Cromer Street, WC1H

Place Name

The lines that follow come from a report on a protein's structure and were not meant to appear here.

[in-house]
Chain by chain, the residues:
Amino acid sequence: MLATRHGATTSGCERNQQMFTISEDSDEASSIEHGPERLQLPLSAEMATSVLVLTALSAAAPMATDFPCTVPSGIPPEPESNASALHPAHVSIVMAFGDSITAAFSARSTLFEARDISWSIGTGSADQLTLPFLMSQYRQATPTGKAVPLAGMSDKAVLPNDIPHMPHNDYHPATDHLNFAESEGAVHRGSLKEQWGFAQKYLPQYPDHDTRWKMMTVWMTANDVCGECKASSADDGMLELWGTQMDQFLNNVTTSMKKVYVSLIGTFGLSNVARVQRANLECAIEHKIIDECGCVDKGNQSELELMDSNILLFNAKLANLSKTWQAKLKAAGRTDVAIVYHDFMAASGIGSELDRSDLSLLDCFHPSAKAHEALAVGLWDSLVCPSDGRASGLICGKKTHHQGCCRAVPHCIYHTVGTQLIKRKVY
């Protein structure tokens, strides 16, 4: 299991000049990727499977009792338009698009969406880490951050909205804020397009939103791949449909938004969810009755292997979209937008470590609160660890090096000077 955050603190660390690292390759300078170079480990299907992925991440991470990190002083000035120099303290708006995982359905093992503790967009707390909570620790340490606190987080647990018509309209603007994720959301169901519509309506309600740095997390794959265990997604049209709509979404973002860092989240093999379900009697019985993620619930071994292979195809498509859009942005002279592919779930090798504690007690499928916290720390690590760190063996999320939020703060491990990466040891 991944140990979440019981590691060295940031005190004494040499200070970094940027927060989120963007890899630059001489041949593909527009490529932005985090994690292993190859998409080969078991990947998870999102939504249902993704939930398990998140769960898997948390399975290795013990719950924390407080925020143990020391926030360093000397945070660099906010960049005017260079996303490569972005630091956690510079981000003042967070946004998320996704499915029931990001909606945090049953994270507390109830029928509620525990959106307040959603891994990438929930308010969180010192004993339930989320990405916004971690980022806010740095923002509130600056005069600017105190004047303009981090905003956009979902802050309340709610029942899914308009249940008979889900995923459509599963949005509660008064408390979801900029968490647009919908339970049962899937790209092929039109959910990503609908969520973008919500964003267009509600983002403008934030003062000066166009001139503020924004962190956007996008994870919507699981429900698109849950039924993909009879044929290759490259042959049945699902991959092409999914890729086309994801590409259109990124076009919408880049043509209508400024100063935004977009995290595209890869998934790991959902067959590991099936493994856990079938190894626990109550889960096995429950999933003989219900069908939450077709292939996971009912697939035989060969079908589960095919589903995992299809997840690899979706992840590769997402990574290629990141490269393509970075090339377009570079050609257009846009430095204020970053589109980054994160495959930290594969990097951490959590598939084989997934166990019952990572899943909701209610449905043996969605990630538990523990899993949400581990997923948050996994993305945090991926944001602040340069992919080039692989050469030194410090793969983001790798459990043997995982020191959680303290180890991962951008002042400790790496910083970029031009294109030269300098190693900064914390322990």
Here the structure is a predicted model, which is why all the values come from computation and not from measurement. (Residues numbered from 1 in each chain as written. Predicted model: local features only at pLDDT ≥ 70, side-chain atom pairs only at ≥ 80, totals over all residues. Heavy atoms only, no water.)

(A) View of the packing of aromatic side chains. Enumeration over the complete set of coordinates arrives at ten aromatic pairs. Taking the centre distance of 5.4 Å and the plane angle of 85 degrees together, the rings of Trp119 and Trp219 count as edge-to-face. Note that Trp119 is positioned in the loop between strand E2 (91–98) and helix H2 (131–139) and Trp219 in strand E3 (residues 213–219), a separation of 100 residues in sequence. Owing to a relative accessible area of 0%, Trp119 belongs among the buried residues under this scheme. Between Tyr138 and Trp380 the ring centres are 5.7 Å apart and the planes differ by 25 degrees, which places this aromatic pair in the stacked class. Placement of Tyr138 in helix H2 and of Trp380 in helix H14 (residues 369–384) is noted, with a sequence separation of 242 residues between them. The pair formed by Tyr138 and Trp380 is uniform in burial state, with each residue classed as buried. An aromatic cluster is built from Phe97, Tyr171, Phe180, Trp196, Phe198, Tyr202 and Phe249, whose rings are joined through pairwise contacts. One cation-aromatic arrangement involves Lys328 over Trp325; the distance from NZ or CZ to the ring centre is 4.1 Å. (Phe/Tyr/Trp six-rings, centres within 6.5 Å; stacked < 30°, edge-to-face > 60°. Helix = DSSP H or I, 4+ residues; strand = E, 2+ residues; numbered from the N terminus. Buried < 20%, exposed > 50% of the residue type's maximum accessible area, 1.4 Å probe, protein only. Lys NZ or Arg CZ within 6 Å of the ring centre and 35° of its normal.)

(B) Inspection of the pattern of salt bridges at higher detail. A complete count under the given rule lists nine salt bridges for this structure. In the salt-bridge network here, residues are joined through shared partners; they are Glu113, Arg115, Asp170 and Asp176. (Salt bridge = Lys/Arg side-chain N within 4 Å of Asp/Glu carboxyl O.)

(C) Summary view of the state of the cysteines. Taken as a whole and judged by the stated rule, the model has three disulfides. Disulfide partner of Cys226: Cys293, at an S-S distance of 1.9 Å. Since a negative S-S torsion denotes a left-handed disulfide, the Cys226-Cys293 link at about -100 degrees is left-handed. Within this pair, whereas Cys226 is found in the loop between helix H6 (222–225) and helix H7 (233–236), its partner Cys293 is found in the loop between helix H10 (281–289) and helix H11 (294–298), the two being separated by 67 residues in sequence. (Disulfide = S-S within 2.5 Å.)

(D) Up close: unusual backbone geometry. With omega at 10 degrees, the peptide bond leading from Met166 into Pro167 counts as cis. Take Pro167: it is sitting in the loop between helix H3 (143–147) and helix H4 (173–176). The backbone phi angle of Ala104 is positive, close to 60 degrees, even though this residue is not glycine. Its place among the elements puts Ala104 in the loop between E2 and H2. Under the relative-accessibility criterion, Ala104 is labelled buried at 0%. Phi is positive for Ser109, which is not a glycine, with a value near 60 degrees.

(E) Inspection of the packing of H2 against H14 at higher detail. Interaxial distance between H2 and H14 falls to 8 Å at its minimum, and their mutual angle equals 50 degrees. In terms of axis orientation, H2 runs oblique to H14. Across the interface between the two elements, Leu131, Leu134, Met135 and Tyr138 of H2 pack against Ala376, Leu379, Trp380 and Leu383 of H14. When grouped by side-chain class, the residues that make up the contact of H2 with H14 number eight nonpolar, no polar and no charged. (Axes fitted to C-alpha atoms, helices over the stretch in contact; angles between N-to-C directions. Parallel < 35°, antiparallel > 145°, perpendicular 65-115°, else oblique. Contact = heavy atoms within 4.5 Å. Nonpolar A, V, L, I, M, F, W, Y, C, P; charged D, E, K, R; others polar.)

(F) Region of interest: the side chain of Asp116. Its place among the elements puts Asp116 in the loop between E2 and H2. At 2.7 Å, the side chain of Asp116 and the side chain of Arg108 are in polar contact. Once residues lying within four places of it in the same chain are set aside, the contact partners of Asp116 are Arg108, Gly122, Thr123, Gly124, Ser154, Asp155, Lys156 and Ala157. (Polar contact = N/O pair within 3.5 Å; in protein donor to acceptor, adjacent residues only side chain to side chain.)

When it was first laid out in 1801 the street was called Lucas Street after landowner Joseph Lucas (hence the Lucas Arms on the corner), a tin-plate worker, who owned a seven-acre estate in the north-east corner of Bloomsbury. Until its development it had been fields. The street led from Gray’s Inn Road to an old country beerhouse and skittle ground called the Golden Boot, the predecessor of the Boot pub. Rocque’s 1746 maps shows only a bowling green; Horwood’s 1799 plan shows the bowling green, rural dwellings and Bowling Green House; on the revised 1819 version of his plan, the Boot appears. Gillian Bebbington in London Street Names picks up the story, “the Boot had gained a certain notoriety some years earlier when the ringleaders of the Gordon Riots met there with the landlord, Mr Speedy – the Speedy family held the licence until the twentieth century, and there is still Speedy Place beside the Boot in Cromer Street – and only thirty years after Lucas Street was built, its reputation was so bad that its name had to be changed, and the neutral Cromer, after a town in Norfolk, was chosen.”

 

 

 

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